【禁聞】兩個失業率打擂臺 發改委刪數據

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【新唐人2014年07月30日訊】中國「人力資源社會保障部」上週五表示,二季度末,城鎮登記失業率為4.08%,不過在此之前,「國家發展和改革委員會」公布的失業率數據,高出上面「人社部」的失業率一個百分點。詭異的是,發改委很快刪除了這一數據。經濟學家指出,中共官方公布的城市失業率毫無意義,因為不管經濟好壞,失業率永遠不會改變,總維持在4%。

在中國「人力資源社會保障部」發佈第二季度失業率的前一天,美國《華爾街日報》就評論說,中共官方公布的失業率被廣泛視為無用,因為不管好日子、壞日子,它幾乎都不動。這個數字,只涵蓋那些在本地福利中心註冊的工人,而不包含大量的農民工。

中國浙江財經大學教授謝作詩:「整體來說,我們的失業率一直是在4左右,多年來,不管經濟形勢好壞,始終都是在4左右。所以首先這個數字真實性怎麼樣,大家有些想法。第二個問題是,它是一個城市登記失業,如果是農民工,他不進入這個口徑,從這個意義上講,這個失業率和國際上一般的失業率不是一個概念,它對中國經濟形勢的反映,就不那麼全面,不那麼準確。」

2008年,當全球金融危機摧毀3千萬中國製造業就業的時候,這個失業率幾乎沒有怎麼升高。大量農民工回到農村家鄉,洩漏了失業的真實程度。

《華爾街日報》評論說,中國真實的失業率是一個國家機密。北京領導人每個月審視一個單獨的就業調查,但是這個數據通常不公布。在四月份,一名官員說漏嘴,說失業率是 5.17%,這比官方公布的數字高出一個百分點。

中共總理李克強本人在去年9月一篇專欄文章當中提及失業率,當時他說2013年上半年失業率是5%。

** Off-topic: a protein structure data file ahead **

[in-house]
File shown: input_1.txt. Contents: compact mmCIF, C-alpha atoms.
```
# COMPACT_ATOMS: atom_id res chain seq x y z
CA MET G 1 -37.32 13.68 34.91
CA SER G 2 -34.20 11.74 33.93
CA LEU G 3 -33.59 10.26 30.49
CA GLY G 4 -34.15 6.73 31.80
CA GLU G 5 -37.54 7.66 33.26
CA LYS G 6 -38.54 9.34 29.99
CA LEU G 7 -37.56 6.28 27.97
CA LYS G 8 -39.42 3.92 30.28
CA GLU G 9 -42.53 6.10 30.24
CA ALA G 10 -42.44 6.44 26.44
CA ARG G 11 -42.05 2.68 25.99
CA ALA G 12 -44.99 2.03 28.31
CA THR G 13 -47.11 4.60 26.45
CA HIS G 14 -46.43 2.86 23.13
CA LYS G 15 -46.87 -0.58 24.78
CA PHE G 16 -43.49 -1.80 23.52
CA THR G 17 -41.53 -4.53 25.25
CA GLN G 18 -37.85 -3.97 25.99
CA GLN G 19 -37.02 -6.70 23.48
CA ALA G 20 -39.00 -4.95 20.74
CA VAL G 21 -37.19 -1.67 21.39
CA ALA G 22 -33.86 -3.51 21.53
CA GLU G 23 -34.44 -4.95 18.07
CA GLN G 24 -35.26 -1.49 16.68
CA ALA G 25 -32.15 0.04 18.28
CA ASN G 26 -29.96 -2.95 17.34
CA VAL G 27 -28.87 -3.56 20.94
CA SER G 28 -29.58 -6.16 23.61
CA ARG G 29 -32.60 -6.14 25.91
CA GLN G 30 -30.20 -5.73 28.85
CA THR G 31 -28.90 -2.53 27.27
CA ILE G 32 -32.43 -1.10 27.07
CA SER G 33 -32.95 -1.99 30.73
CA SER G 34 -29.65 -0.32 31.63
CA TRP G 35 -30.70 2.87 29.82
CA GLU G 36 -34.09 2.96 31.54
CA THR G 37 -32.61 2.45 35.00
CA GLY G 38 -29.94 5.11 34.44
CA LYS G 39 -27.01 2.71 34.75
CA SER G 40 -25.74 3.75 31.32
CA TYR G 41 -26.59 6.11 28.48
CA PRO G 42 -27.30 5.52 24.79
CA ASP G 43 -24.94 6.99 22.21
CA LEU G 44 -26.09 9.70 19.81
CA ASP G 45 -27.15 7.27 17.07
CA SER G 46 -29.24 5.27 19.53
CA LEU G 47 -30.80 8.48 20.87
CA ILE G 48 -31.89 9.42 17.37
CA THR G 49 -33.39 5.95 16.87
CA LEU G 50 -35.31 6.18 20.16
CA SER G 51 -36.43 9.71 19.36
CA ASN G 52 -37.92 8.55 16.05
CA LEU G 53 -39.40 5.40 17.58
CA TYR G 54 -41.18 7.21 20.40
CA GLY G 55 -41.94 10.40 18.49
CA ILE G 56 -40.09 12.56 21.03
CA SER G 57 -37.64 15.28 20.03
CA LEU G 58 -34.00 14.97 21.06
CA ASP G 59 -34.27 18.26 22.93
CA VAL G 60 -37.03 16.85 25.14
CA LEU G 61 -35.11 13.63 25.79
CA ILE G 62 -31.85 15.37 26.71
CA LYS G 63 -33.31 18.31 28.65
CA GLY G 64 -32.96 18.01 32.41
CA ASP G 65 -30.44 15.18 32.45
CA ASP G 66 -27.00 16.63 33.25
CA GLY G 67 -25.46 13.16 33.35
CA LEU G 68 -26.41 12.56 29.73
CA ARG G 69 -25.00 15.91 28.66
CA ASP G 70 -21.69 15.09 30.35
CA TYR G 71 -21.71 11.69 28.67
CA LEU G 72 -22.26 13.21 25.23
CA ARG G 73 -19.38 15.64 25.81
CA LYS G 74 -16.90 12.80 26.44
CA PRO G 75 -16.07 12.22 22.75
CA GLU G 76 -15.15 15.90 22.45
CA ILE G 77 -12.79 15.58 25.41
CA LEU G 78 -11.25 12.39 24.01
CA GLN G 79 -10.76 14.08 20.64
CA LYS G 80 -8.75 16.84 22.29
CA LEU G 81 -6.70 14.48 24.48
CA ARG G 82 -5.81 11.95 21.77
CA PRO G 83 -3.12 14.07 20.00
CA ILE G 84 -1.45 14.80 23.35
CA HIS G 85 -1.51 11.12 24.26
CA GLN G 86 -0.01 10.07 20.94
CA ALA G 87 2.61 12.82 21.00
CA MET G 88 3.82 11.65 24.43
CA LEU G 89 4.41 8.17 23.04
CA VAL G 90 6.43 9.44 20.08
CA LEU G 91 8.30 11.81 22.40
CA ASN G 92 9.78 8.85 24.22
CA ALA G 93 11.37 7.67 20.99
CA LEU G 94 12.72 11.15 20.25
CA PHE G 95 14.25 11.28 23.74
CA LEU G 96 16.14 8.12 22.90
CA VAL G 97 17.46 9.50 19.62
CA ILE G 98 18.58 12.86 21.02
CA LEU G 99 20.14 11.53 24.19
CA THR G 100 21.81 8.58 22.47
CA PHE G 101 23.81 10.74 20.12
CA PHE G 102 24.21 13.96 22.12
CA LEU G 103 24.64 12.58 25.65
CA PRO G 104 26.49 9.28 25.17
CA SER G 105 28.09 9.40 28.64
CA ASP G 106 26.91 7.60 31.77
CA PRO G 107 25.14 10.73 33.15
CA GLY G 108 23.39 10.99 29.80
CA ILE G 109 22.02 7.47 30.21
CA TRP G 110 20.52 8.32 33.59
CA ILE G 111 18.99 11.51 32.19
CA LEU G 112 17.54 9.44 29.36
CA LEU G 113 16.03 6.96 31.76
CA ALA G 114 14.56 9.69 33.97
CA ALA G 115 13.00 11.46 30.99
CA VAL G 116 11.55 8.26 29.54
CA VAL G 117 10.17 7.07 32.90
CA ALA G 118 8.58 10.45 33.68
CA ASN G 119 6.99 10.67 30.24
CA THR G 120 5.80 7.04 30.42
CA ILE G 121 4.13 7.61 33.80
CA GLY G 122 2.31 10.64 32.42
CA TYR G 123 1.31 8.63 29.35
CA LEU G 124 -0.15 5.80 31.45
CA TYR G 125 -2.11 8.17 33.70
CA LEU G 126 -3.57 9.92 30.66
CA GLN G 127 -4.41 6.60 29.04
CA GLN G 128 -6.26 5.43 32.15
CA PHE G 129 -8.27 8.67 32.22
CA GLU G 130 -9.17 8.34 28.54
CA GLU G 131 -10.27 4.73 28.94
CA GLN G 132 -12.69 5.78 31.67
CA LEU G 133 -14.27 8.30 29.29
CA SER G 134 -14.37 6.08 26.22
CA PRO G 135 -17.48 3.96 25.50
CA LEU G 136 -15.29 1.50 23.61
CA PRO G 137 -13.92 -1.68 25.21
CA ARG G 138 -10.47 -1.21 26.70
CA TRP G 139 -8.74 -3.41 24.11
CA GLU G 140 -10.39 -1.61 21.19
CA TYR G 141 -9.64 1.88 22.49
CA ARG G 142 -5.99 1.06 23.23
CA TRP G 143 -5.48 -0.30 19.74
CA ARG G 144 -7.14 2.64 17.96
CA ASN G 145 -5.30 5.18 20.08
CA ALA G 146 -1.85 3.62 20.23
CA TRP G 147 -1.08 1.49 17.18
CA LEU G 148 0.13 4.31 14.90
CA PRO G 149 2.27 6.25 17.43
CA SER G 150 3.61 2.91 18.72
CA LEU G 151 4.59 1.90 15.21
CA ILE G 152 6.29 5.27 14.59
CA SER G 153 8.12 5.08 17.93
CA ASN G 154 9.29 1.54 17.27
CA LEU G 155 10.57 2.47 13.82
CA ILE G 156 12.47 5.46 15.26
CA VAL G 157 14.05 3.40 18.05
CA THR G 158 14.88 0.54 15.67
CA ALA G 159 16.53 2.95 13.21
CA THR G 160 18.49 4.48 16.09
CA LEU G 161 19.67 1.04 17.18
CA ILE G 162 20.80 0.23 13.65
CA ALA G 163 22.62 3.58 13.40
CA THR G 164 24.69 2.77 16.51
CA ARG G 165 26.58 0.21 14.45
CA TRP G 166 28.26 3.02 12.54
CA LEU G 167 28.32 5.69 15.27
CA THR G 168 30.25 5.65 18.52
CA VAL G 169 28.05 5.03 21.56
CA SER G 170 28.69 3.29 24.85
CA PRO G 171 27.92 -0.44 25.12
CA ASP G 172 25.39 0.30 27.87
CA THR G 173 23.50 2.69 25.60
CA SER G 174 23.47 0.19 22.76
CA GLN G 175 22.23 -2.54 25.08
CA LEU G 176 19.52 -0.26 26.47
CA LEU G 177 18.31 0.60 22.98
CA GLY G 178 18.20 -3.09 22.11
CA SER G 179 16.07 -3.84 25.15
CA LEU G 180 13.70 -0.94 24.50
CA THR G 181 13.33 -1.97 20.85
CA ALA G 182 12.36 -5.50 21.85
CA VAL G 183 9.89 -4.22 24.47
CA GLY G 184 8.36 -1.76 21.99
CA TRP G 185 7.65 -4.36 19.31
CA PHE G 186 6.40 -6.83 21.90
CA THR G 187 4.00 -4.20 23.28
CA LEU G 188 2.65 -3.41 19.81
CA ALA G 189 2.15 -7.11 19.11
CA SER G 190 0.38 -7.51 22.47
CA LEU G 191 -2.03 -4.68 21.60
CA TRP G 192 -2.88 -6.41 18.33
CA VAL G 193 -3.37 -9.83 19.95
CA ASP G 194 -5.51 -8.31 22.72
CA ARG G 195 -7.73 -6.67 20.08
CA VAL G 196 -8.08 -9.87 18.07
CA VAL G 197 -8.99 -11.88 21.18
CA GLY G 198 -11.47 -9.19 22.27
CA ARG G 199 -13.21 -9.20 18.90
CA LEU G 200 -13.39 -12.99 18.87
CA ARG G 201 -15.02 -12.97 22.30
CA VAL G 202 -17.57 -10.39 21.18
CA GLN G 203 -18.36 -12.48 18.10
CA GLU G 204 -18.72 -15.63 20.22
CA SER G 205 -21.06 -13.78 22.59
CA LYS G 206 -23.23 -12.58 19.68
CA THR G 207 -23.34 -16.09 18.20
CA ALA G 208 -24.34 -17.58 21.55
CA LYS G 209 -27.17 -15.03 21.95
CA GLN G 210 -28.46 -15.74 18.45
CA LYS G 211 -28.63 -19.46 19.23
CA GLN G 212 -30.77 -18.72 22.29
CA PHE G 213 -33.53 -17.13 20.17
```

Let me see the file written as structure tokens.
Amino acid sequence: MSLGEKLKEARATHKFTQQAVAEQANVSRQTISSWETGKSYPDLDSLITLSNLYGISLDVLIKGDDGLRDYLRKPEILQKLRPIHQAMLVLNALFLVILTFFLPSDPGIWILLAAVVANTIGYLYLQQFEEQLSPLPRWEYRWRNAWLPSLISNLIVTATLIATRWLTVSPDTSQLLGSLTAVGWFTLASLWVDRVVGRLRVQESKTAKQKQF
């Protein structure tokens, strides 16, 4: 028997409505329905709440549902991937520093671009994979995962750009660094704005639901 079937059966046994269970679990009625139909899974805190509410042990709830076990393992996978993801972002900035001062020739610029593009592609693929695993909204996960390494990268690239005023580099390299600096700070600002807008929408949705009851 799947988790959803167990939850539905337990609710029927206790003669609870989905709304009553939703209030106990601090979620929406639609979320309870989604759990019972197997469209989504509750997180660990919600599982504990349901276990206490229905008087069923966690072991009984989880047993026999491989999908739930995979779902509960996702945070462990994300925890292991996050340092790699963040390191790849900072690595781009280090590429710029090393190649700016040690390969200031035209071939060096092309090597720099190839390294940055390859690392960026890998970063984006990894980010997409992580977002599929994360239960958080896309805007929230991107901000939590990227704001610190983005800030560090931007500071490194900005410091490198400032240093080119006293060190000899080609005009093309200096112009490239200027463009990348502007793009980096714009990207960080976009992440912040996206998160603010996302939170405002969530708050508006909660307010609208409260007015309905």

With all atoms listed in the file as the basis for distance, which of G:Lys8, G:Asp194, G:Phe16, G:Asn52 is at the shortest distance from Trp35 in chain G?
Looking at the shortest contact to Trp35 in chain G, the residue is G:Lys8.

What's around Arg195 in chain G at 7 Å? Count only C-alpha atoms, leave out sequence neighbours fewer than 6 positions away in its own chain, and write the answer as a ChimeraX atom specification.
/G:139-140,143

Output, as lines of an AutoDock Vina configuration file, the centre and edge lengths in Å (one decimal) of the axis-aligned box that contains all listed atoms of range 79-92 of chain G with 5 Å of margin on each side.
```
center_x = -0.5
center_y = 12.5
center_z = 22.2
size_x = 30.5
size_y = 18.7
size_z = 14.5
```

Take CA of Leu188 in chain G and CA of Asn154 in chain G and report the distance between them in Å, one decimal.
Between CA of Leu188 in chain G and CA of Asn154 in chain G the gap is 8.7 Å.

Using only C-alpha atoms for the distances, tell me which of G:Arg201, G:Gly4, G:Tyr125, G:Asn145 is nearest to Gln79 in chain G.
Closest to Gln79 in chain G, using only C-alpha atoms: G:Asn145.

發改委」上週三公布,6月末,全中國31個大城市城鎮調查失業率為5.05%,這也是中共官方首次正式發佈城鎮調查失業率數據。「發改委」聲稱,這個數字已經連續4個月下降。可是,這個消息目前已從「發改委」網站撤下,相關網頁已無法打開。

中國「浙江財經大學」教授謝作詩認為,所謂失業率連續四個月下降的說法,跟民眾的直觀感受相差太遠。謝作詩身邊的企業家都在談論裁員。

謝作詩:「短期現在經濟形勢困難,困難的話應該失業率上升才對,對大家的直觀感受太差,就可能引起大家的懷疑,大家覺得你這個數據是不是真實的。我昨天還跟好幾個企業老總吃飯,大家想到的都是裁員,其中有一個老總說,他再挺兩個月不行,他要裁一百人。」

針對「發改委」刪除近期的失業率,北京「天則經濟研究所」所長助理段紹譯分析說,或許這個數字對於官員來說仍然太過刺眼。

北京天則經濟研究所所長助理段紹譯:「因為一個失業率的高低,它一方面反映經濟的景氣(程度),另外反映地方政府官員的政績,中國考核指標有時候可能造成影響社會安定,數據太高的話,造成老百姓對政府不滿,所以有些數據還是不宜讓老百姓知道,他們不一定希望讓老百姓知道。」

據《中國證券網》報導,今年全國高校畢業生總數達到727萬人,創下歷史新高,堪稱「史上最難就業季」。「人力資源和社會保障部」新聞發言人李忠介紹,上半年有97萬求職者與用人單位達成就業意向,其中高校畢業生56萬人。56萬僅僅是727萬畢業生中的7%,不足一成畢業生就業,高校畢業生就業壓力巨大。

澳大利亞雜誌《商業旁觀者》,7月21號發表有關中國失業率和勞工短缺的文章。作者根據一項全中國勞動力調查和就業輔導機構的統計數字,計算102個大城市的失業率,結果,在今年第一季度,包括農民工在內的大城市失業率為8.7%﹔排除農民工的失業率為6.9%。而今年第一季度之前的失業率也接近這個數字,暗示高失業率一直持續。

採訪編輯/秦雪 後製/肖顏

The CCP Replaced The Five Percent Unemployment Rate Report With A Four Percent Version

On Friday, the Chinese Communist Party’s (CCP) Ministry
of Human Resources and Social Security (MOHRSS) said